The grand duchy’s political parties are gearing up for parliamentary elections later this year, with health minister and deputy PM Paulette Lenert (LSAP) having declared being open to becoming her party’s candidate for premier. Prime minister Xavier Bettel (DP) previously said he would be open to a nomination if the DP chose him.
Deputy prime minister François Bausch (déi Gréng) suggested justice minister Sam Tanson as a top candidate for the Greens, even though the party has in the past not run a candidate-based campaign, and Tanson suggested this should stay the same.
Now it is up to the CSV to make their move.
The party on 1 February is expected to unveil its top candidate and broadcaster RTL on Wednesday said that rumours of Frieden staging a return to politics appear to be true.
The CSV’s co-president Claude Wiseler had already announced he would not be lead the party into the elections. He would neither confirm nor deny the RTL report that Frieden would be the party’s pick speaking with Delano’s sister publication Paperjam on 25 January.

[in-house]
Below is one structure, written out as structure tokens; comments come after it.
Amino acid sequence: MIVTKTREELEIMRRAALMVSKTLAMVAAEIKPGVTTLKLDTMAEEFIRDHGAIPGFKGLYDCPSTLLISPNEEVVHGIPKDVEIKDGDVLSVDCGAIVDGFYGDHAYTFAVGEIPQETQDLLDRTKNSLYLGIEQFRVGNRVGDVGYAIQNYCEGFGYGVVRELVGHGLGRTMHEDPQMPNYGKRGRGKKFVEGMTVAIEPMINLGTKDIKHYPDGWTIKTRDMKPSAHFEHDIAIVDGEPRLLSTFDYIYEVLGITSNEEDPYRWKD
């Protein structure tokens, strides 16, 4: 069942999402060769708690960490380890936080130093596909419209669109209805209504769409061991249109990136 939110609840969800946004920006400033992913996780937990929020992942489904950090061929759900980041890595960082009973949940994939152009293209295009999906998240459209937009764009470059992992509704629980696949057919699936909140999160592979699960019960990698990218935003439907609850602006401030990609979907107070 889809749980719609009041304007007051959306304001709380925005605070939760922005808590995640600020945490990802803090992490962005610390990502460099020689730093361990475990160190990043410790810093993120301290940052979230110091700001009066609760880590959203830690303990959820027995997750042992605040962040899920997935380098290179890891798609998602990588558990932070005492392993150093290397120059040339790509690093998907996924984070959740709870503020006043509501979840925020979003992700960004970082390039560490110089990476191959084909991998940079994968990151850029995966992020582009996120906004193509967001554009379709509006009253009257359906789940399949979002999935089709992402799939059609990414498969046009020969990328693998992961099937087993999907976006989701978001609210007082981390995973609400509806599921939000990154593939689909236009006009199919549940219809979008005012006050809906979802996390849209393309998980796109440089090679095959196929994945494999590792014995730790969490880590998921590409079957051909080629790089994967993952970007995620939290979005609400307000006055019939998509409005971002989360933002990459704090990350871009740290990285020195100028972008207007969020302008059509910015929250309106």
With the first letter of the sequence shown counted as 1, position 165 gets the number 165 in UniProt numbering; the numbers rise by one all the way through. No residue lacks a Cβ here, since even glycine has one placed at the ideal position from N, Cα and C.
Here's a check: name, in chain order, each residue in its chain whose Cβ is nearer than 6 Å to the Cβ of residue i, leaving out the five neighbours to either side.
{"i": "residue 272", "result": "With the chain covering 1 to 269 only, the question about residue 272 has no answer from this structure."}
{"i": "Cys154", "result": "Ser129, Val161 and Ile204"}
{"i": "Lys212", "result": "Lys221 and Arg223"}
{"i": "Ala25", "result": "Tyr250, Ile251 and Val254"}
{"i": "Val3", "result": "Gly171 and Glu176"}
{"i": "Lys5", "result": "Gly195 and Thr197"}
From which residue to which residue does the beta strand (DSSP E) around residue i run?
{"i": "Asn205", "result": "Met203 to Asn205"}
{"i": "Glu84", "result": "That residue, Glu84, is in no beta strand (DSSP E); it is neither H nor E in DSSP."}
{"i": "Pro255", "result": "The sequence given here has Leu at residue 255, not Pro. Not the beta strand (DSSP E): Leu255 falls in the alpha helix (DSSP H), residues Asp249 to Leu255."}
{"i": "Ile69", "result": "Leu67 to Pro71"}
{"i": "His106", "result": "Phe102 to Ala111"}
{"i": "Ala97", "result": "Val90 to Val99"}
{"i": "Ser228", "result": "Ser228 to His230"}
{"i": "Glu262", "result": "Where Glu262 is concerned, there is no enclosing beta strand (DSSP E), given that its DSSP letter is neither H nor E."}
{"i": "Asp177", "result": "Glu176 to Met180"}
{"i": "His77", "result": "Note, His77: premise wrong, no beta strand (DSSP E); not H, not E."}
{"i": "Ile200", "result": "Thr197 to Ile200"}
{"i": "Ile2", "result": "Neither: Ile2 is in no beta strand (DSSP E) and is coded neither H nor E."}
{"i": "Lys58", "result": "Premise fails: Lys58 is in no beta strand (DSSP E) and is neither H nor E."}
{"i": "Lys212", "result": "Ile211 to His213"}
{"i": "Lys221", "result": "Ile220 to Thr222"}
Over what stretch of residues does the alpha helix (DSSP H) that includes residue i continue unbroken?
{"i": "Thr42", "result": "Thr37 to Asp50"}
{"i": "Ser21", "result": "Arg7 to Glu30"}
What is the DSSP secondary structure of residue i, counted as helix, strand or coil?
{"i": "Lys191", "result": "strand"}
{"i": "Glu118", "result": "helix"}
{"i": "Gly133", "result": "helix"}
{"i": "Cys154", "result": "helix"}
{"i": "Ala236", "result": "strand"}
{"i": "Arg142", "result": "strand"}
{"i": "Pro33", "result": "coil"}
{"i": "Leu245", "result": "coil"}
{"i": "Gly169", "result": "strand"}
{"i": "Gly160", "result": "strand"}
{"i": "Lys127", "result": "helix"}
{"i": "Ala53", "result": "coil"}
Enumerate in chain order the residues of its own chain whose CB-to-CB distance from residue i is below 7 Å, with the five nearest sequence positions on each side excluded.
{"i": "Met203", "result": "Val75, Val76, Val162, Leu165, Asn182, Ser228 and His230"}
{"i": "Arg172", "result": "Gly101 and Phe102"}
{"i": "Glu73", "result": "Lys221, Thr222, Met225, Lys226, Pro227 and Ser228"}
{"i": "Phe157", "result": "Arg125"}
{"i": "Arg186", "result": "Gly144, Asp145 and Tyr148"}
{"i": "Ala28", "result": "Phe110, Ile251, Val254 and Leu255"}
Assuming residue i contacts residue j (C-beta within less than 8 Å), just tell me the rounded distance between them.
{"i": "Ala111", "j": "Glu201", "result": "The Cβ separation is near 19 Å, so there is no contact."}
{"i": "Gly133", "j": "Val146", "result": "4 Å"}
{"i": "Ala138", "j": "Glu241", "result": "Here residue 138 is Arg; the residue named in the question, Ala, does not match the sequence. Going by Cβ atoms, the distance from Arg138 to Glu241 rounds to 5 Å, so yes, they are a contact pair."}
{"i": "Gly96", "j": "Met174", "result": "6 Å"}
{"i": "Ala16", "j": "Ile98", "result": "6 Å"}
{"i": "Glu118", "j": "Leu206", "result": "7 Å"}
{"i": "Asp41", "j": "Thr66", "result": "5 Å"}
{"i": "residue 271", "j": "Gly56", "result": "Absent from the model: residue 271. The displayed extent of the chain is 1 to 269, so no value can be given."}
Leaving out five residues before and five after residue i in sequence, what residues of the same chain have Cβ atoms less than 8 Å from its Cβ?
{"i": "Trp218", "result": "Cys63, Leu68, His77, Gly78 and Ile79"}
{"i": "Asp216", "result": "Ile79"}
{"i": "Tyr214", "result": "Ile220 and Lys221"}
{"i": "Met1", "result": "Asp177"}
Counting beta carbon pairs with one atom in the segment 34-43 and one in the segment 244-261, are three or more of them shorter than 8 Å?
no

“Everyone thinks they know,” he said, adding that all would be revealed next week. “The press is doing its job and that’s fine, but I’m doing mine too, we will keep the primacy of information in the national council.”
Other names in the running have been Gilles Roth and Martine Hansen, who together chair the CSV’s group in parliament.
There and back again
The nomination would mark a return to politics for Frieden, who served variously as justice, finance and defence minister under prime minister Jean-Claude Juncker (CSV) between 1998 and 2013. He had widely been touted as a successor to Juncker but left politics when Juncker’s government collapsed and was succeeded by the DP-LSAP-déi Gréng coalition.
Frieden held a seat in parliament following the 2013 elections that ousted the CSV into the opposition, but quickly left the post.
The graduate of Harvard and Cambridge joined Deutsche Bank as vice-chairman in September 2014, leaving in 2016 to become chairman of the Banque Internationale à Luxembourg (BIL). A lawyer and partner at Elvinger Hoss Prussen law firm, the 59-year-old in 2019 became chairman of Luxembourg’s Chamber of Commerce and in 2021 was elected president of Eurochambres, the European Federation of Chambers of Commerce.
The CSV currently holds 21 seats in parliament and is the single biggest party group. However, after the 2013 elections it was Bettel’s DP that secured the mandate to form a government and the party found itself sidelined as the coalition between the DP, LSAP and déi Gréng took shape.
The three coalitions parties hold a wafer-thin majority of one seat in parliament, with 31 elected members of parliament out of 60 seats.